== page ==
Body Side Moldings: Protecting Your Vehicle against Dings and Dents
Your vehicle is your investment, baby, and prized possession. You want its condition to be as flawless and pristine as possible. But what if it gets hit by a speeding grocery cart or by another vehicle door at the parking lot? You can't stand all day by your car and protect it from these run-ins. It's a harsh reality of life that the inevitable will happen: your baby will get scraped, nicked, or even dented. So, what can you do to protect your investment? Three words: body side molding.
Why do you need body side moldings? Can it really protect my vehicle? Let this guide help save money from repairs before you drive too far from your home.
The Different Types of Body Side Moldings
Body side moldings are made from a variety of components like rubber, vinyl, PVC (polyvinyl chloride), aluminum, and stainless steel. To completely protect your vehicle from road hazards, here are some types of molding available in the market:
Door edge guards -- These guards help minimize damage when you hit someone or something, after opening the door. They are made from soft rubber materials to absorb shock and prevent damage that may otherwise happen.
Wheel well molding -- This molding covers and trims the exposed area to protect it from scratches and dents. Some truck owners install it to dress up their vehicle or to cover up an existing scratch or dent.
Bumper moldings -- These thin moldings enhance your vehicle's sporty look while giving it protection against scratches. Bumper moldings are made from hard, auto-grade, vinyl materials that measure only an inch high by 1/4 inch thick, making it unnoticeable.
Benefits of Installing Body Side Moldings
External damage like bumps, paint chips, and door dings can be avoided by installing body side moldings. They can also absorb a host of fender-bending obstacles; shield the vehicle's sides, and rocker panels from flying stones or rock chips. Body side moldings can also enhance your vehicle's look to make it more upscale, preserving its integrity and value.
Installing body side molding is the most practical way of protecting your truck or car from the usual scrapes. You can ask around or shop online and purchasing the right type for your vehicle is much easier than before. There are molding kits available for each car model and some have pre-painted colors to match your vehicle. Invest in a good set of body side moldings to keep your mind at ease while you're on the road.
Side Molding Buyer's Guide
- Using a car molding is a simple way to hide dings and nicks from run-ins and even prevent damage to the body of your vehicle.
- Car moldings that are applied on the flanks of the vehicle are called body side molding or side molding.
- A body side molding, also known as car body side molding, car side molding, auto body side molding, or simply as side molding, is a cosmetic yet useful add-on ideally mounted horizontally along the sides of the vehicle.
- Side moldings usually create a raised bump running along the length of the vehicle’s flanks and is the first thing that objects hit on the side of the vehicle, absorbing the impact and any potential damage and saving your vehicle from scuffs and dents.
- Side moldings can be made from rubber, plastics like polyvinyl chloride (PVC) and polyurethane, metals such as aluminum and stainless steel, or a combination of materials.
- In addition to the design and material, some other things to consider when getting side moldings are its compatibility with the vehicle and the application method.
- Some vehicle models use a specific type of side molding and the replacement would ideally have to match the original for a perfect fit.
- Nowadays, many side moldings can be mounted with automotive-grade adhesive, but there are also side moldings that have to be mounted using fasteners.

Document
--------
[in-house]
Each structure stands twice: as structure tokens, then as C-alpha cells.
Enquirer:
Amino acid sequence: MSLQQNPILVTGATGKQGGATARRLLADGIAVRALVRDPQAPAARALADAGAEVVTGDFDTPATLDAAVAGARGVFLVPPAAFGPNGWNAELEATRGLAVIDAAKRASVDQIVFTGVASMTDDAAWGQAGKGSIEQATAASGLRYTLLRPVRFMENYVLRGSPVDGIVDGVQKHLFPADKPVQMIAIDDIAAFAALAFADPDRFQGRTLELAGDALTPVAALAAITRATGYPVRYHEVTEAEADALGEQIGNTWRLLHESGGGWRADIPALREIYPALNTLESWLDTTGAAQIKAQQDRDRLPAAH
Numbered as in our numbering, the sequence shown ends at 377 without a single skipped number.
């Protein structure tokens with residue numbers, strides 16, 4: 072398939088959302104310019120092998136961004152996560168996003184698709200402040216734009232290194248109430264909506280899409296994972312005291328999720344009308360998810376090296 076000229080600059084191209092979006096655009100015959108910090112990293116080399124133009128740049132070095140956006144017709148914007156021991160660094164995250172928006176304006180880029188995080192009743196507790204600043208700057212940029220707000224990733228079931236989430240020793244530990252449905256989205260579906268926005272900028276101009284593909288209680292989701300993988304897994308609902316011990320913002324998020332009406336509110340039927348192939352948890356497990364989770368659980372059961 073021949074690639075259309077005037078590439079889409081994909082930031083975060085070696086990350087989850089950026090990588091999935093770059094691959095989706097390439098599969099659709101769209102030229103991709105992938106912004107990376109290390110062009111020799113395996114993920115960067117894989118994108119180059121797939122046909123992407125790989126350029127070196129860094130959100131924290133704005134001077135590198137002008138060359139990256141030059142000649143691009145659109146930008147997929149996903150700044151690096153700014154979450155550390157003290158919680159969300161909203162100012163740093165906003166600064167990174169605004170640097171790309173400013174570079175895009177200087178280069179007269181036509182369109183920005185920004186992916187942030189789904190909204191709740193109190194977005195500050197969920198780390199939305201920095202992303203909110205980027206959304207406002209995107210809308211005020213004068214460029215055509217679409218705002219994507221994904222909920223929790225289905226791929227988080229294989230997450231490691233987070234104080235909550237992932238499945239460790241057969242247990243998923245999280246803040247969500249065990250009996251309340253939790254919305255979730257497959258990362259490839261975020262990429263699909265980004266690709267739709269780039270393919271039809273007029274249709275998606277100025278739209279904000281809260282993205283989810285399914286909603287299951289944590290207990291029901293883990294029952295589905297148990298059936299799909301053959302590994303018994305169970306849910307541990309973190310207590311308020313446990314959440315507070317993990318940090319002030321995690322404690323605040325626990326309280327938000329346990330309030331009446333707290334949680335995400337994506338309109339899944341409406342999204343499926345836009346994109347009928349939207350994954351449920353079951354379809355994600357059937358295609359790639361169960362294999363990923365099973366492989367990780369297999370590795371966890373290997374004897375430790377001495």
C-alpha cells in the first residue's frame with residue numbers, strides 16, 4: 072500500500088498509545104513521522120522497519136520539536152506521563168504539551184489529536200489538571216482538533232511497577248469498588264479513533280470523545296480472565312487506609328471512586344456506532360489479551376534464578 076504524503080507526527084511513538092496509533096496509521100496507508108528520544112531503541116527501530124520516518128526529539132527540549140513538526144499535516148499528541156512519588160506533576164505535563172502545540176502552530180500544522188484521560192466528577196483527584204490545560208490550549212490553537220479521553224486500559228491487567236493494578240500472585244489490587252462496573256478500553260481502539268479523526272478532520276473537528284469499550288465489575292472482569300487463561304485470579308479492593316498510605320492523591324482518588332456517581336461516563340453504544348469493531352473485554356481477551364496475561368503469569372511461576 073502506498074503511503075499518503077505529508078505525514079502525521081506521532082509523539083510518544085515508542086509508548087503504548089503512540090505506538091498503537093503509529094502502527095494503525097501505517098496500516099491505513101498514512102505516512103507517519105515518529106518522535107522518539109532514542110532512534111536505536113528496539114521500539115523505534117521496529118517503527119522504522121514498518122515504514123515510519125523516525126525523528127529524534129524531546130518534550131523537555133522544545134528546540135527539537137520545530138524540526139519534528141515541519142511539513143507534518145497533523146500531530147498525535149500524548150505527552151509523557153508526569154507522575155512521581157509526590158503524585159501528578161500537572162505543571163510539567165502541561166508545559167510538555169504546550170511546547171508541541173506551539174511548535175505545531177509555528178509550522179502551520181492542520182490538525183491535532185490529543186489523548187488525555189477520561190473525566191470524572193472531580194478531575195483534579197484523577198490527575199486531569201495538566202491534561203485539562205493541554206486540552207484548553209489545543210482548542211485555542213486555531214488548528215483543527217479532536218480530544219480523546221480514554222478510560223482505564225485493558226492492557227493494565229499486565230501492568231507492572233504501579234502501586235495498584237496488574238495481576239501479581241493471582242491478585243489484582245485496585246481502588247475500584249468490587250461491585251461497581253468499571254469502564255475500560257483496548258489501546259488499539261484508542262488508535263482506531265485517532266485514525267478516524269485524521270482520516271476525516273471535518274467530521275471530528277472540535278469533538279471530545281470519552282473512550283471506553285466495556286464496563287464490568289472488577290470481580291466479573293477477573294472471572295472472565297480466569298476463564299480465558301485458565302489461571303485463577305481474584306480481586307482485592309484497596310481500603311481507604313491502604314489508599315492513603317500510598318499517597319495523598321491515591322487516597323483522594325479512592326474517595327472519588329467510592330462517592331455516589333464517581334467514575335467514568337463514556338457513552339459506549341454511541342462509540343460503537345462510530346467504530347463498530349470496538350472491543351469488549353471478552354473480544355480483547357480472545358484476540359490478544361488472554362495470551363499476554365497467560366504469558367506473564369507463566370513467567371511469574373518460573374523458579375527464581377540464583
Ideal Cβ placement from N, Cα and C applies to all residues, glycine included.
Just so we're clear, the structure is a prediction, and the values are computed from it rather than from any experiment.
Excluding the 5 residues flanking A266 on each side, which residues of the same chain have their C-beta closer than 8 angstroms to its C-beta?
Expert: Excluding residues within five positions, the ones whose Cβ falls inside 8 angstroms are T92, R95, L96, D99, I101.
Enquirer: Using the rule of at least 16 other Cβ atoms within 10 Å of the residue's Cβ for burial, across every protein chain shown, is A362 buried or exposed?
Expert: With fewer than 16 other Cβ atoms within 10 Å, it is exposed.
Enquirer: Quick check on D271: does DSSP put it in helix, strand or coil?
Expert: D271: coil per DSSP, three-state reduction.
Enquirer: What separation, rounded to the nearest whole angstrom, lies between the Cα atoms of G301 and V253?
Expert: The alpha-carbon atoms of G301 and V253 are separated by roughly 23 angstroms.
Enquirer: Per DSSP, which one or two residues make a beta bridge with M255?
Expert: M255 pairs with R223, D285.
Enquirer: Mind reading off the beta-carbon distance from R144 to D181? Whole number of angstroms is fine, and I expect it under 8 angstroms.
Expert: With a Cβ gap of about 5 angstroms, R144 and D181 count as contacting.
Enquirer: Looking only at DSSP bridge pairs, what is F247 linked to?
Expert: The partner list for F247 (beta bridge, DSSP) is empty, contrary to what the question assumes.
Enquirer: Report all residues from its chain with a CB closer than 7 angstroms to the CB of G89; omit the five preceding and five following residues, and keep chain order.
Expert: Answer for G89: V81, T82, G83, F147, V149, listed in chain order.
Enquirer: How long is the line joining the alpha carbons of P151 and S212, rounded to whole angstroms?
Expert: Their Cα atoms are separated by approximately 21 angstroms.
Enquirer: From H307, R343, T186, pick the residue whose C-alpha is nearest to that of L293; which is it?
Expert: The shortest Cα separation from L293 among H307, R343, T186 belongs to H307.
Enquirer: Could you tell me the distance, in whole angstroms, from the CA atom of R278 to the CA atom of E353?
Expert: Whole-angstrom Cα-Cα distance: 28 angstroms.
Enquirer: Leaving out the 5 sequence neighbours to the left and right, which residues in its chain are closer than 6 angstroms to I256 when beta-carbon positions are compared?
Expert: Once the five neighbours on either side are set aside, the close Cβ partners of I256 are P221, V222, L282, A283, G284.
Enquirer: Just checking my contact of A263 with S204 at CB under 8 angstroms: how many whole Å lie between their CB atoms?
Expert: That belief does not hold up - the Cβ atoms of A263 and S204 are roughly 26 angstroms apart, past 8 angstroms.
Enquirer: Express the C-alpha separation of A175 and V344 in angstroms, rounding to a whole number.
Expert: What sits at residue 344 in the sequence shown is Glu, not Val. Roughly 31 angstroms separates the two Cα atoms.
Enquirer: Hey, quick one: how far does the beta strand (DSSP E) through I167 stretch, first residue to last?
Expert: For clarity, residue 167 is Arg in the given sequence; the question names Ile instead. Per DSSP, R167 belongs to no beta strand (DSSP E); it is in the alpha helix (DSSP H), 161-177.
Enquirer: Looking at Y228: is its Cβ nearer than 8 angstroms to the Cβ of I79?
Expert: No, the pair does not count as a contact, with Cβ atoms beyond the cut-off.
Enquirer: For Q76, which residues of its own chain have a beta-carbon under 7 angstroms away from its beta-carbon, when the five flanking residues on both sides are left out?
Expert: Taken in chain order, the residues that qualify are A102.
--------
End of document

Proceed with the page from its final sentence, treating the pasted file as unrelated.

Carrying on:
- Auto body side molding strips can cost from $11 to $268 depending on the style, features such as color matching, if it is pre-cut or not, and if it is in sets or individual units.
Even while parked, vehicles are still at risk of getting dents and scratches from being hit by things such as an errant shopping cart or a rashly opened car door. While the resulting damage to the car’s finish, paint, and body is usually minor, it is still unsightly and can cost quite a bit to get repaired. A simple way to hide dings and nicks from run-ins, and even prevent minor impacts from damaging the body of your vehicle, is by using a car molding.
Also called car body moldings or automotive moldings, car moldings are decorative and functional car accessories. They not only enhance the appearance of your vehicle, they also provide a certain level of protection from things that might scrape against your car. This accessory can be applied to almost any part of the vehicle’s body that is likely to get hit by everyday objects. There are different types of car moldings depending on their specified location. Car moldings that are applied on the flanks of the vehicle are called body side molding or side molding.
What is a Body Side Molding?
As its name suggests, a body side molding, also known as car body side molding, car side molding, auto body side molding, or simply as side molding, is a cosmetic yet useful add-on ideally mounted horizontally along the sides of the vehicle. It is usually a strip available in varying widths and can be made out of automotive-grade plastic, rubber, metal, or any combination of the three.
What Does a Body Side Molding Do?
Side moldings usually create a raised bump running along the length of the vehicle’s flanks. Since it juts or sticks out from the surface of the body panels, it is the first thing that comes into contact with objects that hit the side of the vehicle. The impact and any potential damage are absorbed by the side molding, saving your vehicle from scuffs and dents.
With various styles and designs, side moldings also let you customize your car and give it more character. When applied properly, it can create accents and highlights, giving your vehicle a unique look and personality. For cars that already have minor nicks on the flanks, side moldings can help hide or disguise the dints while protecting the side panels from further damage.
Side Molding Materials
Due to its location and its function of shielding the car’s panels against bumps that may cause chips and dings, side moldings need to be made of durable materials. Some of the materials used for the production of side moldings include rubber, plastics like polyvinyl chloride (PVC) and polyurethane, and metals such as aluminum and stainless steel. Side moldings can also be made from a combination of materials such as a metal plated plastic.